Answers #1-9: Midland Election 2018

- democracy representation open government transparency due diligence

Answers #1-9

The Question

Are you prepared to allow adjournments of new business when it is clear that more information is needed? And what would constitute such clarity? If necessary are you prepared to revisit the rules regarding handling of council meetings to accommodate such needs?

Carole McGinn (Nicols) – Wednesday, September 19th 2018

Yes. It is not appropriate to make a decision on anything in life and especially when it affects others if you don’t have all the info. It depends on the matter in regards to defining what new info means. It is not a good usage of time to delay unless the matter is missing, convoluted or has incomplete information. Much comes before council after going through other processes. It is OK to wait for public input. Sometimes a decision needs to be made quickly and made to the best of everyones’ ability. Hopefully common sense and practicality will prevail. Councillors get their package before the meeting and can perform their due diligence in seeking input. Plus if they (we I hope) stay engage not much is a “full on” surprise. There are rare circumstances where in camera is proper. No decision is allowed to be made as in voted on while in camera. The reason for going in camera needs to be obvious and made known.

Jonathan Reid – Friday, September 21st 2018

Yes I am, depends on the situation and yes I am prepared to revisit rules if necessary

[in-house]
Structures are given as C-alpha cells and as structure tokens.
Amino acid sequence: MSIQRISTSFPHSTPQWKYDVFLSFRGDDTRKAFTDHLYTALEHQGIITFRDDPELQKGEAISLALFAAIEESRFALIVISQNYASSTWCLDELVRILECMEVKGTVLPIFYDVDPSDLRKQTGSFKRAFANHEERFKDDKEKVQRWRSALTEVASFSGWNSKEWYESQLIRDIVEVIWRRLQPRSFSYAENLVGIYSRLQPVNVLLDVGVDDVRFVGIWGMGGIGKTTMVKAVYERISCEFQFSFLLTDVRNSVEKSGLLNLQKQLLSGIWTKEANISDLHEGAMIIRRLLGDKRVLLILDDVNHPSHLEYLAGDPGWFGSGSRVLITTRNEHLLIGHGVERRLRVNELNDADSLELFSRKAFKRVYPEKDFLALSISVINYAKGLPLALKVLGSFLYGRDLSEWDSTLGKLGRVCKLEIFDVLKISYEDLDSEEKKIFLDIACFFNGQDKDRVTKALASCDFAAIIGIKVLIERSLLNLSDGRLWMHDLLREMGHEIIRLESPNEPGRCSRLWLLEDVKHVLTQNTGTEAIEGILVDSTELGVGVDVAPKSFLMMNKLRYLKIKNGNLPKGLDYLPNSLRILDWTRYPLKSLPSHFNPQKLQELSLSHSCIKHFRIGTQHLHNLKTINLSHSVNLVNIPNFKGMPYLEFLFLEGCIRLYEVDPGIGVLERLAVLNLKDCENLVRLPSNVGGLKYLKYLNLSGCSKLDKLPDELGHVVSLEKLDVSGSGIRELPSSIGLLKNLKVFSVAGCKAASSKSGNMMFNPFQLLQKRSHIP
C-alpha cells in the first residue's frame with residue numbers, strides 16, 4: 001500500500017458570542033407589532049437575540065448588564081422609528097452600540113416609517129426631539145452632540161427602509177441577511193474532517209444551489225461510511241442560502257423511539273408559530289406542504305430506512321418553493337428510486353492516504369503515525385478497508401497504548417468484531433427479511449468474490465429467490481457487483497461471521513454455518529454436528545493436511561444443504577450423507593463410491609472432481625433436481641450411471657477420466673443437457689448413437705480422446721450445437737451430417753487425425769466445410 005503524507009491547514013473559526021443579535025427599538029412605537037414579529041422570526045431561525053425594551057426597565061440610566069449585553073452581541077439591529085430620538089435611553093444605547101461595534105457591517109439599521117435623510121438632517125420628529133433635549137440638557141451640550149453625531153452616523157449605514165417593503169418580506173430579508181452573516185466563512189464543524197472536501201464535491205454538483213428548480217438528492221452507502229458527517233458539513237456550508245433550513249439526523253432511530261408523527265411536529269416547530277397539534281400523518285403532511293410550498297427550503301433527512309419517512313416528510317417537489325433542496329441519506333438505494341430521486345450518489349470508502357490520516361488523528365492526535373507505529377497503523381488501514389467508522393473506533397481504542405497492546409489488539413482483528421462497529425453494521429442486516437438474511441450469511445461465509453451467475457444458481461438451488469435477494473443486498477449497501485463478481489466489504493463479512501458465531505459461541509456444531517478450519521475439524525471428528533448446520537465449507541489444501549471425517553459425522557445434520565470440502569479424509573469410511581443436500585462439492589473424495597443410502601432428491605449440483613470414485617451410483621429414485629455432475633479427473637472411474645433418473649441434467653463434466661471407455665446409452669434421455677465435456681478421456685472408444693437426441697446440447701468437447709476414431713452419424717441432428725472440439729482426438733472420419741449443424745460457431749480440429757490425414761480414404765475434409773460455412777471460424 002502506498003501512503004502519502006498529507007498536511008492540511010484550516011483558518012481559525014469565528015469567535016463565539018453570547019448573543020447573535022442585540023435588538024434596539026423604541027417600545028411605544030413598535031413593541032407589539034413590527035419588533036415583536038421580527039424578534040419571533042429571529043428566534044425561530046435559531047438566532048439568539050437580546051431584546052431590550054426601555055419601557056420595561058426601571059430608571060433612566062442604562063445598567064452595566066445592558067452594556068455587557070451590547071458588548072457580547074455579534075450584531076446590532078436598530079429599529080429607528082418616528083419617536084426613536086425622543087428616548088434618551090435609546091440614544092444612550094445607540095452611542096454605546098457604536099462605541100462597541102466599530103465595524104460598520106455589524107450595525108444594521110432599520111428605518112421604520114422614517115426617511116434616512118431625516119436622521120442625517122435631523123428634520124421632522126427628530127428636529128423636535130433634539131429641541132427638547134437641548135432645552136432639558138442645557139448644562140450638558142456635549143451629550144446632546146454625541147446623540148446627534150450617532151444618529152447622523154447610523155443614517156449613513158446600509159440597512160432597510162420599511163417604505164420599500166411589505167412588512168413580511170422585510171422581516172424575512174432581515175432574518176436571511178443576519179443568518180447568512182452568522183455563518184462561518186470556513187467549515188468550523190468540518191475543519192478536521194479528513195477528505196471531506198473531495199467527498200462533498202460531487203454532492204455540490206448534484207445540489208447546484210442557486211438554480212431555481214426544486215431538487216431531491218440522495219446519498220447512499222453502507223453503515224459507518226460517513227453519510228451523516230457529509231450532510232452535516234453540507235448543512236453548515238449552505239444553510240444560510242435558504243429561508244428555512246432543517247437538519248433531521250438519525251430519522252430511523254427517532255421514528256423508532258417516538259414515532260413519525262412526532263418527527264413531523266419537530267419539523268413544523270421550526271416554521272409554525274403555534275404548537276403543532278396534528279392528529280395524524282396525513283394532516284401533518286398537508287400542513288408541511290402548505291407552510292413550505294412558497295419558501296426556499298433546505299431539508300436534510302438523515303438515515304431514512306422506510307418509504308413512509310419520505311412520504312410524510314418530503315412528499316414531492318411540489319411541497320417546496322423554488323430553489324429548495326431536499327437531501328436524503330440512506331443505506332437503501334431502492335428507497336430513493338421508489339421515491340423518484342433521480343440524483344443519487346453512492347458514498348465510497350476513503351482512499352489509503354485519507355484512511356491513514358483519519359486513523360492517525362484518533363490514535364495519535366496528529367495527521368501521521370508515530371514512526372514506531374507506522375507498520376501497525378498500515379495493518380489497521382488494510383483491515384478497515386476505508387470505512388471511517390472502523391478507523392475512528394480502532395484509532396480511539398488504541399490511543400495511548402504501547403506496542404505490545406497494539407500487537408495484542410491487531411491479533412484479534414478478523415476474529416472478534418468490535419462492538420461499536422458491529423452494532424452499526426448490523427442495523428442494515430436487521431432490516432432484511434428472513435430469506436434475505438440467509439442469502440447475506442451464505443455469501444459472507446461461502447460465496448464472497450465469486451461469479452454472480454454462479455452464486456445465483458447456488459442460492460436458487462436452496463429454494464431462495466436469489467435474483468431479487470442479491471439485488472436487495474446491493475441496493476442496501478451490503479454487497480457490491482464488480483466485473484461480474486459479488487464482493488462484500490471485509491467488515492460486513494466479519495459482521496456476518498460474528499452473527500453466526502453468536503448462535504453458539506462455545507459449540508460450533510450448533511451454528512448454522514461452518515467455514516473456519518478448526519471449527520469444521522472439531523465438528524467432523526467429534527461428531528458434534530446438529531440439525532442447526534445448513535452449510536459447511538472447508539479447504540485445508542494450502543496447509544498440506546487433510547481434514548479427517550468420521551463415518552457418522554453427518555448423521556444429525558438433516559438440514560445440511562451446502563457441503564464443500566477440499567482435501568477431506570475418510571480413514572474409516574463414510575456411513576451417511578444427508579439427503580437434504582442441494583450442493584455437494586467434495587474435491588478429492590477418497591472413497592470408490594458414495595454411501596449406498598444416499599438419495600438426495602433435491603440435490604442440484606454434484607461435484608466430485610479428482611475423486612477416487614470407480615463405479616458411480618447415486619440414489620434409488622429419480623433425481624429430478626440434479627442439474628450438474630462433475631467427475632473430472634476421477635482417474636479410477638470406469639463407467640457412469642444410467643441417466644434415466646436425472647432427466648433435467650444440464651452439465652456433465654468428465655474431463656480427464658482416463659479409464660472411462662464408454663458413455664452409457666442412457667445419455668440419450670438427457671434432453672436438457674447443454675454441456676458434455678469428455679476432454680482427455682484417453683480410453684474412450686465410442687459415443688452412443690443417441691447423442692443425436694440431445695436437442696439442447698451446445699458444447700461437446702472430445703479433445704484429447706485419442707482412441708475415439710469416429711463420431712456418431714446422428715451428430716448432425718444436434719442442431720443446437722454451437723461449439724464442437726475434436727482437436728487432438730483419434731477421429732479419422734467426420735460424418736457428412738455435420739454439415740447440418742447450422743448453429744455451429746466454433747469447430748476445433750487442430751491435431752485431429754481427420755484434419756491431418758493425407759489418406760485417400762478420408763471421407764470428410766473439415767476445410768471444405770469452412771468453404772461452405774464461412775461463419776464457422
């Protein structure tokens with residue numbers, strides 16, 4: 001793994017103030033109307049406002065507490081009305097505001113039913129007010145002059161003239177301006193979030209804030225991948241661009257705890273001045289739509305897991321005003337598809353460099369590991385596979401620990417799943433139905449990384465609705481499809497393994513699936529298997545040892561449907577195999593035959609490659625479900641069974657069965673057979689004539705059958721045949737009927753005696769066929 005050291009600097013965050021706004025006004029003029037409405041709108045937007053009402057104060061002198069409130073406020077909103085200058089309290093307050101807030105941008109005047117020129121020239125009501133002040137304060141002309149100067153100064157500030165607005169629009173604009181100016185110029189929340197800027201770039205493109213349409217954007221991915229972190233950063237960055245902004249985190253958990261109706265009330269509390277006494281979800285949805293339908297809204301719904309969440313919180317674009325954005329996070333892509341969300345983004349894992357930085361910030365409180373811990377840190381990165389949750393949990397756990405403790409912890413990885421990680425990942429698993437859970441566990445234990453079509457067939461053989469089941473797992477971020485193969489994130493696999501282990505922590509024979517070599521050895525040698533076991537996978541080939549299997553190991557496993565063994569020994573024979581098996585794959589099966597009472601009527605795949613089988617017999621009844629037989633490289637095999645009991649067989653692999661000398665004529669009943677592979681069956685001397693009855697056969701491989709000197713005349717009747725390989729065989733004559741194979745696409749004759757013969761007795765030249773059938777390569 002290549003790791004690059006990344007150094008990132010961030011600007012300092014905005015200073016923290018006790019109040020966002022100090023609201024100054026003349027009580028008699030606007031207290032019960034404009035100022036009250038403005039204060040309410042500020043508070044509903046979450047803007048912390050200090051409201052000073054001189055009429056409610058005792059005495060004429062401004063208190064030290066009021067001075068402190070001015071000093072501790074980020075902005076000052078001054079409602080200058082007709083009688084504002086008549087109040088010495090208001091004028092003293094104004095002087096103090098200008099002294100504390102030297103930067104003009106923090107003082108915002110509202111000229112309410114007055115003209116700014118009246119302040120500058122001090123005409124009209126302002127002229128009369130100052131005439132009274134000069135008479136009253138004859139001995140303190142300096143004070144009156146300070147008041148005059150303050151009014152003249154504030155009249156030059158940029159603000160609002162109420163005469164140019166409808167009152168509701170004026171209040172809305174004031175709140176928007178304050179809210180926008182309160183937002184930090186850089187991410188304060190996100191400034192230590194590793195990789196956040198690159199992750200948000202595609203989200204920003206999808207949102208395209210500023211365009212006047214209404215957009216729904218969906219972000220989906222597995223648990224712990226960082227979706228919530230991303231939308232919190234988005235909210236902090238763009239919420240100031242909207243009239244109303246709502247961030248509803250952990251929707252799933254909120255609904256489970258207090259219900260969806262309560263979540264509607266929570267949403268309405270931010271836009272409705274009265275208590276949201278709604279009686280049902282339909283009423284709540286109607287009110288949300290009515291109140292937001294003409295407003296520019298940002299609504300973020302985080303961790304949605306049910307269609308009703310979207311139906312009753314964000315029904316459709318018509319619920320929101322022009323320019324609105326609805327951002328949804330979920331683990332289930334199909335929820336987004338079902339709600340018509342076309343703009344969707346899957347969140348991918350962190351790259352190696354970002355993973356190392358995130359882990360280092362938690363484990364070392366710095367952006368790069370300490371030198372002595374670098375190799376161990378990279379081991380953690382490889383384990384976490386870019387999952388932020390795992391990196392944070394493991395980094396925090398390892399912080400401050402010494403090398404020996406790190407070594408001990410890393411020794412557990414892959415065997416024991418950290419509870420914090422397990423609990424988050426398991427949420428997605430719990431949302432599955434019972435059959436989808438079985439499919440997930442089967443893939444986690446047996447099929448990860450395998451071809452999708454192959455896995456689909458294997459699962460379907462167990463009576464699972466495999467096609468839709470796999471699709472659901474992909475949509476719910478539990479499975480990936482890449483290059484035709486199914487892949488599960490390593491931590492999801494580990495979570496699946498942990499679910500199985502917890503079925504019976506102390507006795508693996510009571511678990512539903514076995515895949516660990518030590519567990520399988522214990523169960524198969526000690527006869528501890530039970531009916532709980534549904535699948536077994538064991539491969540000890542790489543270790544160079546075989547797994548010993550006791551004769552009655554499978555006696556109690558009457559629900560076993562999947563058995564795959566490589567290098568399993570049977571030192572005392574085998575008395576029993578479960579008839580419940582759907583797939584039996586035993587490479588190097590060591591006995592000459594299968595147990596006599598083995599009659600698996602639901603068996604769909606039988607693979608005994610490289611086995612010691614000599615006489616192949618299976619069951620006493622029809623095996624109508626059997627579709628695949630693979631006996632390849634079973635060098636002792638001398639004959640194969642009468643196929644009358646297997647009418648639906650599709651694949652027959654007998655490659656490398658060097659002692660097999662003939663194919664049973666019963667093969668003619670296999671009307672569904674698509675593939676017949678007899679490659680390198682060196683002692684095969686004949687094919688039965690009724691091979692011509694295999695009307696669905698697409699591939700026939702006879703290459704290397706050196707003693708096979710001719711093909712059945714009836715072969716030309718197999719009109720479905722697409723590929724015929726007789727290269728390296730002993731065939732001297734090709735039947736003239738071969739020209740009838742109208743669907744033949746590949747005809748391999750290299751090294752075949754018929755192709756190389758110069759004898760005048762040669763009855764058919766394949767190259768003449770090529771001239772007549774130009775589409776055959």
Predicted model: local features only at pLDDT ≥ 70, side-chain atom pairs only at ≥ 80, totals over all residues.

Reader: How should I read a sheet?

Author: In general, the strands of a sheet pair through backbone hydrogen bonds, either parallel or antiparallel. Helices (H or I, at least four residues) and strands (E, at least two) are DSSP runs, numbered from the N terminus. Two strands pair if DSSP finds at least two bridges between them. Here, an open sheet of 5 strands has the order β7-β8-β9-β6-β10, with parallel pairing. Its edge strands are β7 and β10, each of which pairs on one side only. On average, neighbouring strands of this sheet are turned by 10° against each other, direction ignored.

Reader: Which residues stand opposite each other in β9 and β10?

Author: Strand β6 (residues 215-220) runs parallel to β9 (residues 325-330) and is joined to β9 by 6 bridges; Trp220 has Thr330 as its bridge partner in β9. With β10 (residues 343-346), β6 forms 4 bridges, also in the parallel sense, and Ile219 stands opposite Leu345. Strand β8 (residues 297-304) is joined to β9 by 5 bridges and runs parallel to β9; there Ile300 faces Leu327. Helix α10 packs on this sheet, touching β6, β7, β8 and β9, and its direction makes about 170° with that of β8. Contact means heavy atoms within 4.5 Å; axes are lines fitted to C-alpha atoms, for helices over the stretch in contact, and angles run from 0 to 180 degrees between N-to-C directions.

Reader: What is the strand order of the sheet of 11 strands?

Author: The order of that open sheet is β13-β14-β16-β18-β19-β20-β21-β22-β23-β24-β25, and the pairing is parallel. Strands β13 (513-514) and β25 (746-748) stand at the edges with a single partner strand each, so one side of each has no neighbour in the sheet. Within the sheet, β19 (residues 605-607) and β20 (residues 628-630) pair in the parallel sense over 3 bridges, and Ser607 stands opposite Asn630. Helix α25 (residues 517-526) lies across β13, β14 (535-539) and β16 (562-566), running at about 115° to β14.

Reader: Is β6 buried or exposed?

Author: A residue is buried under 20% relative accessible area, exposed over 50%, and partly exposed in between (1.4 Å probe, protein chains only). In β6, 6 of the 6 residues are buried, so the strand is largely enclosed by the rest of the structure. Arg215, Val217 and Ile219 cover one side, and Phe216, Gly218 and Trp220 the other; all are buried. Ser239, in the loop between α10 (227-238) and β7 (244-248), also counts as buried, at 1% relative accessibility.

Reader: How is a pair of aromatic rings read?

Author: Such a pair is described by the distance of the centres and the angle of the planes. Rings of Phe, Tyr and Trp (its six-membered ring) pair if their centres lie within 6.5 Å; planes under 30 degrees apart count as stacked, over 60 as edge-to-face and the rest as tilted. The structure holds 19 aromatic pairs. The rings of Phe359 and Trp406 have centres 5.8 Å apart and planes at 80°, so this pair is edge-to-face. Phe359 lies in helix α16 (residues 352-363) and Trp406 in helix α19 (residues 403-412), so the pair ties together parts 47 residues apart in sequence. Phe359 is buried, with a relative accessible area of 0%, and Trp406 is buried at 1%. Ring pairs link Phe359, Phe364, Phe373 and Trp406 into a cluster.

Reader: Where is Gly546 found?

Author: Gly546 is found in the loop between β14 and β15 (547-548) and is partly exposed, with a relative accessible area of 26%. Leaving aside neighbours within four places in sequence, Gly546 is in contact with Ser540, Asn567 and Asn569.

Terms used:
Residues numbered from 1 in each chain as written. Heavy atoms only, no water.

Bill Gordon – Saturday, September 22nd 2018

No need a for a wordy answer here. Democracy is denied when uninformed and rushed decisions are made. The procedural policy changes that were hastily passed by this outgoing council should be one the first topics of discussion by the new council.

Answered on Bill Gordon’s Website: Q & A Time With Voters – Volume 2.

Cher Cunningham – Monday, September 24 2018

I believe that this has already been covered in recent revisions to the Council format and schedule. The twice monthly joint Committee/Council meetings make it even easier to adjourn business to a future meeting and source or request more information. This question is subjective as situations would vary from matter to matter. However, unusual new business (beyond that for which we already have written policies), recommendations without data or reasoning, or those that would benefit from public input are a few items that would qualify to be adjourned with no qualms.

Stewart Strathearn – Monday, September 24 2018

Requested that due to time constraints that I point to his website: Elect Stewart Strathearn for Mayor — and noted that he asks constituents use a contact method listed on that site, or on the Town website, or otherwise public, to ask him the questions they have in person, if the website proves insufficient — after helping me with a council matter, and having a wide-ranging discussion.

Jonathan Main – Tuesday, September 25 2018

This is all handled under the procedural bylaw. Any member of council can introduce any new item of business at any time, but usually items are introduced a meeting before, and often items are referred to staff for a background report. Technically, at any point council (2/3rds majority) can override the agenda and introduce new items, we haven’t really seen this much but it’s allowed. Council is a parliament system so everything has to be done by motion, we need a motion to direct staff to do anything. Often some items are purely for information/discussion.

Elliot Sheaves – Tuesday, September 25 2018

Prefers to answer questions in person due to the ways in which written answers can be taken the wrong way. He met with me in person and we had a very long and informative discussion. He also said he welcomes one-on-one with any constituent who would like to know what he thinks on any issue. He has also launched Vote Elliot Sheaves.

Candidates who have not (yet) responded

Notes on the Answers

Answers in ‘normal text’ are the candidate’s written response and are taken verbatim. I use italics for my words such as summaries of verbal responses and/or pointing to websites at the request of the candidate.